How to Run Doom in Virtual Reality

One of the most interesting things to do with a virtual reality headset is to play games that were made well before VR even existed and see how well they work. Since the original Doom engine is open source, it provides the perfect opportunity to incorporate VR mechanics into one of the earliest 3D games.

GZDoomOpenVR lets you play the original Doom games in true VR, including fully tracked hand controllers. This engine can run Doom, Doom 2, Final Doom and Heretic. Technically, it should also be able to work on any fan-made maps as well, but there are reports of crashes with some of them. In this guide I will show you how easy it is to get it set up and running.


You can download GZDoomOpenVR from the official GitHub.

You will need to provide your own Doom wad files. If you don't have any, you can use the Doom 1 demo:

Installation and Setup

Installation is very simple.

  1. GZDoomOpenVR has no installer. Simply extract the zip file and place the GZDoomOpenVR directory wherever you like.

  2. Copy any wad files for the games you want to play into the GZDoomOpenVR directory.

  1. For each wad file you added, add GZDoomOpenVR\gzdoom.exe as a non-Steam game to your Steam library and set the appropriate Launch Options as shown below.

We will use Steam's Launch Options to choose which wad file to load and which 3D weapons to use. To make loading each game easy, especially when you are in VR, it is helpful to create separate Steam library entries for each of the games you want to play.

For each game, you will want to name it appropriately and check the "Include in VR Library" checkbox. Then set the Launch Options accordingly:


 -file WeaponsForVR.pk3 -iwad doom.wad


 -file WeaponsForVR.pk3 -iwad doom2.wad

Final DOOM:

 -file WeaponsForVR.pk3 -iwad tnt.wad
 -file WeaponsForVR.pk3 -iwad plutonia.wad


 -file HereticVRWeapons.pk3 -iwad heretic.wad


The default controls work very well on Oculus Touch Controllers and Vive wands. If you like, the controls are configurable in the options menu. When playing Heretic, you will manually have to bind buttons for managing the inventory.

Control Action
Left Stick Movement
Right Stick Turning
Left Trigger Interact
Right Trigger Fire Weapon
Left Grip Previous Weapon
Right Grip Next Weapon
A Button Cancel Menu
B Button Open Menu
X Button Interact
Y Button Pause

How Well Does It Play?

I have to admit, I was very skeptical of how well Doom would actually play in virtual reality. After all, the engine isn't even fully 3D and the enemies are just flat sprites. As soon as I started playing, however, I was blown away. The game plays amazingly well. Even with the simple geometry and textures, the world feels solid and real.

Perhaps most impressive is the enemies. Even though they are just flat sprites, they are still very intimidating, in large part because of the awesome sound design. Hearing those enemy growls is genuinely unnerving, especially when walking through the dark corridors. The classic Doom jump scares are all the more impressive when you are inside the world.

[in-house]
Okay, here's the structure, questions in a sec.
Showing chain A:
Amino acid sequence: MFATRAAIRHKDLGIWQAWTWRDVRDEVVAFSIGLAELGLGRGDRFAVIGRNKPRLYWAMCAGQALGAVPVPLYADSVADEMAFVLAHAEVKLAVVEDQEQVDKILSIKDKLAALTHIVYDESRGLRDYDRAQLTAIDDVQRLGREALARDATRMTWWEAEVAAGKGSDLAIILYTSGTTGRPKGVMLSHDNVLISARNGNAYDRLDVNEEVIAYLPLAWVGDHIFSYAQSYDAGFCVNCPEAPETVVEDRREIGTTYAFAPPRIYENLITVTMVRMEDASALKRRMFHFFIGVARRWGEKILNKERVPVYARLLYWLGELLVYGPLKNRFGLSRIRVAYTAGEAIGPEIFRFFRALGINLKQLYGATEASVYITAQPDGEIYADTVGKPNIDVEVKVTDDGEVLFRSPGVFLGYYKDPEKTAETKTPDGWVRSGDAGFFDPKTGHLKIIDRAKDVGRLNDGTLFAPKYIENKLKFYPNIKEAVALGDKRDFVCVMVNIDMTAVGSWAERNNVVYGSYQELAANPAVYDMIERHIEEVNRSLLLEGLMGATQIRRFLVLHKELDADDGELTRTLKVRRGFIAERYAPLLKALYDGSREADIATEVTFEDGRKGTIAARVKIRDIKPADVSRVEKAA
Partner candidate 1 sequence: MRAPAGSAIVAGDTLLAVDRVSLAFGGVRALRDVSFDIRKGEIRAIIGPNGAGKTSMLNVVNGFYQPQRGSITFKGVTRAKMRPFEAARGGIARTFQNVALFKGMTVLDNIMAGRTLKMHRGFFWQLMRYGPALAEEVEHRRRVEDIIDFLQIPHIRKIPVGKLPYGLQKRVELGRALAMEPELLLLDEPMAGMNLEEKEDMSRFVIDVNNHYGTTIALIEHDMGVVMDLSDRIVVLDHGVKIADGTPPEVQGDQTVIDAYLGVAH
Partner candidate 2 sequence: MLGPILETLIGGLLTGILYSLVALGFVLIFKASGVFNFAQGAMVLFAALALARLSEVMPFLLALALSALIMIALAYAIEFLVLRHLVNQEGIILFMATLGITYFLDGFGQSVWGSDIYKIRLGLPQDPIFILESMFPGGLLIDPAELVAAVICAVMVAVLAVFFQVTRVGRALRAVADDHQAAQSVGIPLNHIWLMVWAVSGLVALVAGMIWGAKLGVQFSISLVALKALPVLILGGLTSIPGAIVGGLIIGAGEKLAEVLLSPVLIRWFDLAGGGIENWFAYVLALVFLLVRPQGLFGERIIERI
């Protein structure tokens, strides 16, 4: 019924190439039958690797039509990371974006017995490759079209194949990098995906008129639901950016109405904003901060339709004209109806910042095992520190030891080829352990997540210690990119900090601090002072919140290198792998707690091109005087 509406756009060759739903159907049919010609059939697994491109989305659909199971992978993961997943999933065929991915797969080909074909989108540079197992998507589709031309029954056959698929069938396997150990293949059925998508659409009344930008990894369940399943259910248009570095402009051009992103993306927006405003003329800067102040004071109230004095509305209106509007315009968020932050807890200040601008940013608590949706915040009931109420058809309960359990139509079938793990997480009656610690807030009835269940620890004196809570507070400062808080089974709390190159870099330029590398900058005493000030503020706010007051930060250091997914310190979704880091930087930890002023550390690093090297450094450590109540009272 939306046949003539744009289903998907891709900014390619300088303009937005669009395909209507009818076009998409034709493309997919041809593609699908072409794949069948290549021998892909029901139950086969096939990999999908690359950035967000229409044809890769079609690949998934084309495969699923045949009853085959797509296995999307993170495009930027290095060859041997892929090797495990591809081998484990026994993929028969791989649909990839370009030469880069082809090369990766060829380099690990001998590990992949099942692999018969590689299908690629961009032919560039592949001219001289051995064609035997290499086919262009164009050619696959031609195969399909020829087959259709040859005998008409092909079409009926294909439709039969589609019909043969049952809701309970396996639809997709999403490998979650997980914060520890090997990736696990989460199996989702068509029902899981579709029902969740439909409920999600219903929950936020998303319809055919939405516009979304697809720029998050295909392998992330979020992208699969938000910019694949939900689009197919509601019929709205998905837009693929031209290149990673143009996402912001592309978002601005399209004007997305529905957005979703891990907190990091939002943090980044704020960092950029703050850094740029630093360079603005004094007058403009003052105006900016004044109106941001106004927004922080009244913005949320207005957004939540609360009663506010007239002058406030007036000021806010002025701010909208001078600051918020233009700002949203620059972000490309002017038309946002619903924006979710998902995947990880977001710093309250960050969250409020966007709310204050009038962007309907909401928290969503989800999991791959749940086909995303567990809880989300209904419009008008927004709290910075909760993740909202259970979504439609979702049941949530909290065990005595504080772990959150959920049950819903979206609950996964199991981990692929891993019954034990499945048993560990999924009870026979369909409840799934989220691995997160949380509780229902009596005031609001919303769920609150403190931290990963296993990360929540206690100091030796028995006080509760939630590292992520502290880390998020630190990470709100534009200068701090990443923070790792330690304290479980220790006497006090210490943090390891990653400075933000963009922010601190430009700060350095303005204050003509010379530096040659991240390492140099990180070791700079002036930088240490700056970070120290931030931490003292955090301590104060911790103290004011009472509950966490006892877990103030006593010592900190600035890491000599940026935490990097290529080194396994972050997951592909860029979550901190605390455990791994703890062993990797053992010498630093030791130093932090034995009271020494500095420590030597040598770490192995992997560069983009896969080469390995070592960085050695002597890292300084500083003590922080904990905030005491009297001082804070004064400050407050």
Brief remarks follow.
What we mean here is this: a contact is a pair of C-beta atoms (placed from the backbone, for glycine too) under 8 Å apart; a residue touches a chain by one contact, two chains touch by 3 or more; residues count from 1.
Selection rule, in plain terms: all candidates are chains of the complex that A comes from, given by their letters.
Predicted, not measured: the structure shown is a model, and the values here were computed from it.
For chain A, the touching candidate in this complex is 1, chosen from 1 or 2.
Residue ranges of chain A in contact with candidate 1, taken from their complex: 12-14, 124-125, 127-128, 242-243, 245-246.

The user interface is very basic and certainly could be improved in future versions, but it gets the job done. Similarly, the 3D weapon models are basic, but they function fine and don't distract from the game.

Playing Tips

While the game is great fun, there are definitely some rough edges, especially when it comes to the user interface. Keep these tips in mind to save yourself a bit of hassle when you play for the first time.

  • When you first start up, the menu may be stuck on Paused and not let you start the game. All you need to do is go back to your desktop and click on the gzdoom window to make sure it has focus.

  • In order to save any settings you have changed, you must quit the game using the in-game menu. If you quit using the SteamVR or Oculus UI, the settings will not be saved.

  • Don't bother trying to use the config menus with VR controllers. The sensitivity is way too high in the menus and you will inadvertently change all the settings just by scrolling through them. Use the keyboard instead.

  • Interacting with objects is based on the direction you are facing, not the direction of your hand. You can't operate a switch behind you by pointing backwards and clicking the left trigger, for instance.

  • Motion Sickness Warning. Doom was, of course, never intended to be played in VR and there are no comfort options available. It is very fast moving and will easily test your motion sickness limits. Thankfully, Doom lends itself nicely to short play sessions.


If you have a VR headset, I highly recommend trying this out. It is remarkable how well it works, even with the limitations of a game that was created over 25 years ago. Experiencing the true scale of the world is something to behold. I hope this inspires the porting of more classic early 3D games into VR. With a little user interface polish, these could be very special VR games.

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